Chris Franklin, president of LocumTenens.com, chatted with Atlanta Business Radio host Lee Cantor about the locum tenens industry, how it has been impacted by COVID-19 and what he anticipates for the future of healthcare.
The following transcript is lightly edited for clarity.
Tell us a little bit about LocumTenens.com.
LocumTenens.com is one of the largest providers of temporary staffing of physicians and advanced practitioners, so physicians, NPs, PAs and CRNAs, and our business is helping healthcare organizations mitigate the physician shortage by placing clinicians in temporary assignments across the country.
What’s the backstory of the company? How did it get started?
The company was started in 1995, so we’ve been around for a while. Essentially it grew up out of permanent search and the concept that it takes quite a while to find a physician on a permanent basis, so we started a business to help fill the gap from the time a healthcare organization identifies they need to bring on a clinician to the time they’re able to actually get them there and get them onboarded. From there the business has grown to serve in a lot of different ways, primarily around fractional staffing.
How does the pandemic impact your work, with the chaotic ebb and flow of demand?
The best analogy I can give is it's similar to the wildfires we’ve had out west. The clinicians who work with us have kind of parachuted into hot spots all over the country to serve as frontline workers in the pandemic. You saw a lot of the institutional barriers to healthcare come down during that time. States eased licensing requirements. They let licenses from one state stand in another. Some of the barriers around the length of the privileging process were compressed to try and do everything they could to get these clinicians in front of patients to help serve these needs faster. It was a crazy time for our business, but we are really proud of the way we were able to respond. We put almost 800 clinicians to work with 57 different clients in 42 states, so it really is a testament to our frontline healthcare workers and their willingness to parachute into these places and put their lives in peril in order to serve.
Do you see that as a trend moving forward, there’s going to be a lot of hiring during these high-demand periods of time and then releasing them for the less high-demand times?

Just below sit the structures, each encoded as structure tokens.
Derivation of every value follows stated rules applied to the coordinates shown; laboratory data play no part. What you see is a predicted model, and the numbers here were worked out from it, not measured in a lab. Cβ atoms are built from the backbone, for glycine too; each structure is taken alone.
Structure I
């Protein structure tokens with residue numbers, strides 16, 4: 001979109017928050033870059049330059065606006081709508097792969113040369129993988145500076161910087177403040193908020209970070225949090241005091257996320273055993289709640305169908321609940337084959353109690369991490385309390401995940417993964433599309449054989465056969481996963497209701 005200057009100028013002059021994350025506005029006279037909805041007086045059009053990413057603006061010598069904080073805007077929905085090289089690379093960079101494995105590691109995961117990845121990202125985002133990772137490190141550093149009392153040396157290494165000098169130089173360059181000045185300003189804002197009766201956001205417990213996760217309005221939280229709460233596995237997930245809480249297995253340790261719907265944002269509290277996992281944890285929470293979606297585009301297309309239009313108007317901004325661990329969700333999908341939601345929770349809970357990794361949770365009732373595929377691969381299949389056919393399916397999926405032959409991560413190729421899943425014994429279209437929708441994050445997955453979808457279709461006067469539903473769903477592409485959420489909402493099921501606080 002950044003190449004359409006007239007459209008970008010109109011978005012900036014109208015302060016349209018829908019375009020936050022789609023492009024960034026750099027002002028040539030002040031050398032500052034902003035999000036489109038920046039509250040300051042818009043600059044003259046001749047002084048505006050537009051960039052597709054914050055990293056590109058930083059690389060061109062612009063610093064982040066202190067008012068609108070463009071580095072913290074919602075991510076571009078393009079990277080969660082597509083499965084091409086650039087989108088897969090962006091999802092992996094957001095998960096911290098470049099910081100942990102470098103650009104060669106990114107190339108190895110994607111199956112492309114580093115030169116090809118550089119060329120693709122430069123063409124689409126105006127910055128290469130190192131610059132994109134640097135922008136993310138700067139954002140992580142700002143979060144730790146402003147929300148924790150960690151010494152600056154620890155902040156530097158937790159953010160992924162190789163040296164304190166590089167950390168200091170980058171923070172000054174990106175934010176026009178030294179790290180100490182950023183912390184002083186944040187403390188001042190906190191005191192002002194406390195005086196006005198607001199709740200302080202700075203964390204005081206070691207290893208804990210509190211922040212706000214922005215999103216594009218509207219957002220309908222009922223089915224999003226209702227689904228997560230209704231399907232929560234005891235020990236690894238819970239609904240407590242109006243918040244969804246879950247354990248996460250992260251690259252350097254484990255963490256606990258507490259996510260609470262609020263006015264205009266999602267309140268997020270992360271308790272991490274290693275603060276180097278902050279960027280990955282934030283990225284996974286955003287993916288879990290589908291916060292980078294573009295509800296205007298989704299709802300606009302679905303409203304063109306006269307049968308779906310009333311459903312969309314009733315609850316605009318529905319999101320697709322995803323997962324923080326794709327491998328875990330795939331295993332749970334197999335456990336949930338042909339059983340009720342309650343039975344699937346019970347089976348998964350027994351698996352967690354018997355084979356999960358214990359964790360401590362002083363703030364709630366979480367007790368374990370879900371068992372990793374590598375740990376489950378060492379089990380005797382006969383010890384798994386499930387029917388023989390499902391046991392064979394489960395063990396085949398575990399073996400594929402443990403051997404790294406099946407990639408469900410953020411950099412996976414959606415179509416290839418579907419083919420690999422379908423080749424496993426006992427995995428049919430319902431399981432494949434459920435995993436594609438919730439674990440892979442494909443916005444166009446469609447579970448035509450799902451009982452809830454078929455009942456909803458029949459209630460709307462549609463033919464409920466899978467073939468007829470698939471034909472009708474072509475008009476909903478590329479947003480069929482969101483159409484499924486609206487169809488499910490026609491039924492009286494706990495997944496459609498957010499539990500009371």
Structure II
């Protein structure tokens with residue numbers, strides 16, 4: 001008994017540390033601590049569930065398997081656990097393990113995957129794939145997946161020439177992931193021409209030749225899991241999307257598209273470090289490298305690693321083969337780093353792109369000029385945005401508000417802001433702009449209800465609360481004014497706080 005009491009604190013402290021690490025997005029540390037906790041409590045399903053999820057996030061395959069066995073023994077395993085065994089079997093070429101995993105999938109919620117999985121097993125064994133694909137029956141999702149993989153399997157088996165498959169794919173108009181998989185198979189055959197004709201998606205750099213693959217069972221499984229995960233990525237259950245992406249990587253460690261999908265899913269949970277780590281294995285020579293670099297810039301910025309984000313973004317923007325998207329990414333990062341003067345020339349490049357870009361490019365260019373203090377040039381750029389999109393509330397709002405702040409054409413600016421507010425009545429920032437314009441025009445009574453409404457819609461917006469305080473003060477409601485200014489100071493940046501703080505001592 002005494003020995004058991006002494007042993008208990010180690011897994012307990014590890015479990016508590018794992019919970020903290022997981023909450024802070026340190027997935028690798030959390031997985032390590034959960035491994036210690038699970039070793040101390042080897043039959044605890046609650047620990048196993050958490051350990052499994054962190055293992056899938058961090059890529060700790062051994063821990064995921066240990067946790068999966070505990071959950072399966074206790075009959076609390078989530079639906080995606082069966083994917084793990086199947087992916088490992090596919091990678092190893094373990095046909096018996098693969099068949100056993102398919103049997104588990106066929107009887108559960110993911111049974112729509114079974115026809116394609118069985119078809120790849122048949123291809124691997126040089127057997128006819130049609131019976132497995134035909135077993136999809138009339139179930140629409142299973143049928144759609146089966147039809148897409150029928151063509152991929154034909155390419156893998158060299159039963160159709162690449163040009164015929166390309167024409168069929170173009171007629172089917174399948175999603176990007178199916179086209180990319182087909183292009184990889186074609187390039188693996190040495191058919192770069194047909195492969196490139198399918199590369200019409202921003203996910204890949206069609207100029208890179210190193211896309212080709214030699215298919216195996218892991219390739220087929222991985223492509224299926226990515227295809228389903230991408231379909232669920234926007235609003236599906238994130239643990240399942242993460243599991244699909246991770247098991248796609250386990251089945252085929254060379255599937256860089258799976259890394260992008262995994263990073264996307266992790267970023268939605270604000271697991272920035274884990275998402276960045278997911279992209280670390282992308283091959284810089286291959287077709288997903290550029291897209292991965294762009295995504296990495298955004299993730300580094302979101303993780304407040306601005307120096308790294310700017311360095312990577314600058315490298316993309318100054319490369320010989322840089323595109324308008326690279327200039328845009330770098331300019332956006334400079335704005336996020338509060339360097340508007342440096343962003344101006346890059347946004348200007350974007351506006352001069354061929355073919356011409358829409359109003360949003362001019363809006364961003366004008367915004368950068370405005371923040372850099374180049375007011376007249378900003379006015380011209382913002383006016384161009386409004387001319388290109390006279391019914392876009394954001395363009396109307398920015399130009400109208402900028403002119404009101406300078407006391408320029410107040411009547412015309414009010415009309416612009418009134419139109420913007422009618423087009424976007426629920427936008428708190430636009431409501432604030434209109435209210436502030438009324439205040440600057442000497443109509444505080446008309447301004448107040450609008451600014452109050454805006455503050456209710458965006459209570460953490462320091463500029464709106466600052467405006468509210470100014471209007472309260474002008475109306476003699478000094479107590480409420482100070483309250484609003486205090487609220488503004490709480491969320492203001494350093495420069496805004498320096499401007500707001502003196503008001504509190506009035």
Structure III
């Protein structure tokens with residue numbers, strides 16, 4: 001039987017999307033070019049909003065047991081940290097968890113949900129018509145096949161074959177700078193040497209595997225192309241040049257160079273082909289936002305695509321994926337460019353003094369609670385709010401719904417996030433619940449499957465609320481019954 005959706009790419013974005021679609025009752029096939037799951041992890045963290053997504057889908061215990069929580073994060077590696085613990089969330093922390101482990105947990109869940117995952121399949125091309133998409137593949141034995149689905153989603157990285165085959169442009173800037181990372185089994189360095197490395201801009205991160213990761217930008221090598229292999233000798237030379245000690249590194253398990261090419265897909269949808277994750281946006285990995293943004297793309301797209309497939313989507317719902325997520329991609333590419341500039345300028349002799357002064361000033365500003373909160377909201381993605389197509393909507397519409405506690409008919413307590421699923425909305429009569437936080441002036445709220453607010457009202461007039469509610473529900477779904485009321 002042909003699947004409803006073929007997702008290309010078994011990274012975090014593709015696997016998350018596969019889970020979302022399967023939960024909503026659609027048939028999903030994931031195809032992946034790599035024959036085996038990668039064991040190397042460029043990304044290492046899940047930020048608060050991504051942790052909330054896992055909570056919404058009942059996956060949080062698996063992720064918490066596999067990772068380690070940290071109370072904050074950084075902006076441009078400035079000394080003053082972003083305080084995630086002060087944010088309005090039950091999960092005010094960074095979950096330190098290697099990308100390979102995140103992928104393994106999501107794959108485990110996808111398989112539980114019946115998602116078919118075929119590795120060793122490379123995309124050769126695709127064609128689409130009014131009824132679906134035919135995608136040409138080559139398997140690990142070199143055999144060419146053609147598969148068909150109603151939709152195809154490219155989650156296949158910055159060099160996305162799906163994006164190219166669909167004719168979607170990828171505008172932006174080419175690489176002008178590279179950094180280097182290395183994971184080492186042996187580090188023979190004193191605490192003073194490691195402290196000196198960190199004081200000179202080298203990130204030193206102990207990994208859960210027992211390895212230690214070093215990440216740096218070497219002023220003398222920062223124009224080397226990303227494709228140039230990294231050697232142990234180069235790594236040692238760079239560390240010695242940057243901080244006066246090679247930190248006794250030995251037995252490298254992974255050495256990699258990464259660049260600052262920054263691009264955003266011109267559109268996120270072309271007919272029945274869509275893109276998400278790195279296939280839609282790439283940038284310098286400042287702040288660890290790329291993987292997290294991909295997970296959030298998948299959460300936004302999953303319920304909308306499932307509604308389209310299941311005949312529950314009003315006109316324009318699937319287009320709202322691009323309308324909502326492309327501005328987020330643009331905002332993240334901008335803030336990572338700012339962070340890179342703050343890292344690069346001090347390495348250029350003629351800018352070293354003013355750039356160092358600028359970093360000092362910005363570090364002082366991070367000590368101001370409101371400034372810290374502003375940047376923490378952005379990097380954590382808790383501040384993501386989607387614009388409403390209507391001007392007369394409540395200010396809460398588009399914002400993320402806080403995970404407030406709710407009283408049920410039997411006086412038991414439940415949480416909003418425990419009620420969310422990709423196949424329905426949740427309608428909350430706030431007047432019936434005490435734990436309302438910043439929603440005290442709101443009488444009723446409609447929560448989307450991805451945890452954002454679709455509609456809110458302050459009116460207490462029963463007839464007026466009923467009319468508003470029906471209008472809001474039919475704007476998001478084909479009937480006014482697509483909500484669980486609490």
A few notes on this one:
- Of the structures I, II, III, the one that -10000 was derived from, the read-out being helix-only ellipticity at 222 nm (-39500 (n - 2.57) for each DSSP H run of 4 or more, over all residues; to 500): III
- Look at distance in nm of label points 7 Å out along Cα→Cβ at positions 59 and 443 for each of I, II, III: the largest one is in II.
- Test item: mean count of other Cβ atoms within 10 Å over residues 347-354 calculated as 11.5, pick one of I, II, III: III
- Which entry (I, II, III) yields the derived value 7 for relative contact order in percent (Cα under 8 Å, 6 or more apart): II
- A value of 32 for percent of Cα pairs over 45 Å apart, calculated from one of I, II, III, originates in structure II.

Right now we're seeing a phenomenon that's really impacting demand and driving it to new levels. I've been in the staffing business for 25 years and healthcare for 18, and I've never seen it where demand has been this high. You kind of have a few things going on. You have a rolling bubble of pent-up demand, so you had healthcare organizations that shut down their elective surgeries, that took things that might have been routine, like a routine colonoscopy or a heart catherization and put that off, and now those patients are presenting in greater volumes to get caught up, and also in a lot of cases with a much higher level of complexity, which creates the next phenomenon, which is burnout for clinicians who are working in these settings. They're trying to get caught up, they're short staffed, they're not really able to take a break, so a lot of clients use our services to be able to give their permanent staff a break. So we anticipate continuing to see high volume here in the near term, and as most people are aware, there's also a very acute physician shortage in our country aside from everything we're experiencing with COVID. We're already in a very demand-heavy model there, so there's a lot of factors that are driving that: the aging population, and 40% of practicing physicians will reach retirement age in the next ten years. We simply just can't get enough clinicians through training to meet that gap, in addition to very gross maldistribution across the country. You have the heavier concentration of physicians in urban and suburban areas, not so much in your rural areas, so we believe for our business, we'll continue to see very high demand for the foreseeable future.
Is technology going to alleviate some of that in terms of telehealth? Maybe allowing more physician assistants to do some of the activities? Or even software to do some of the activities?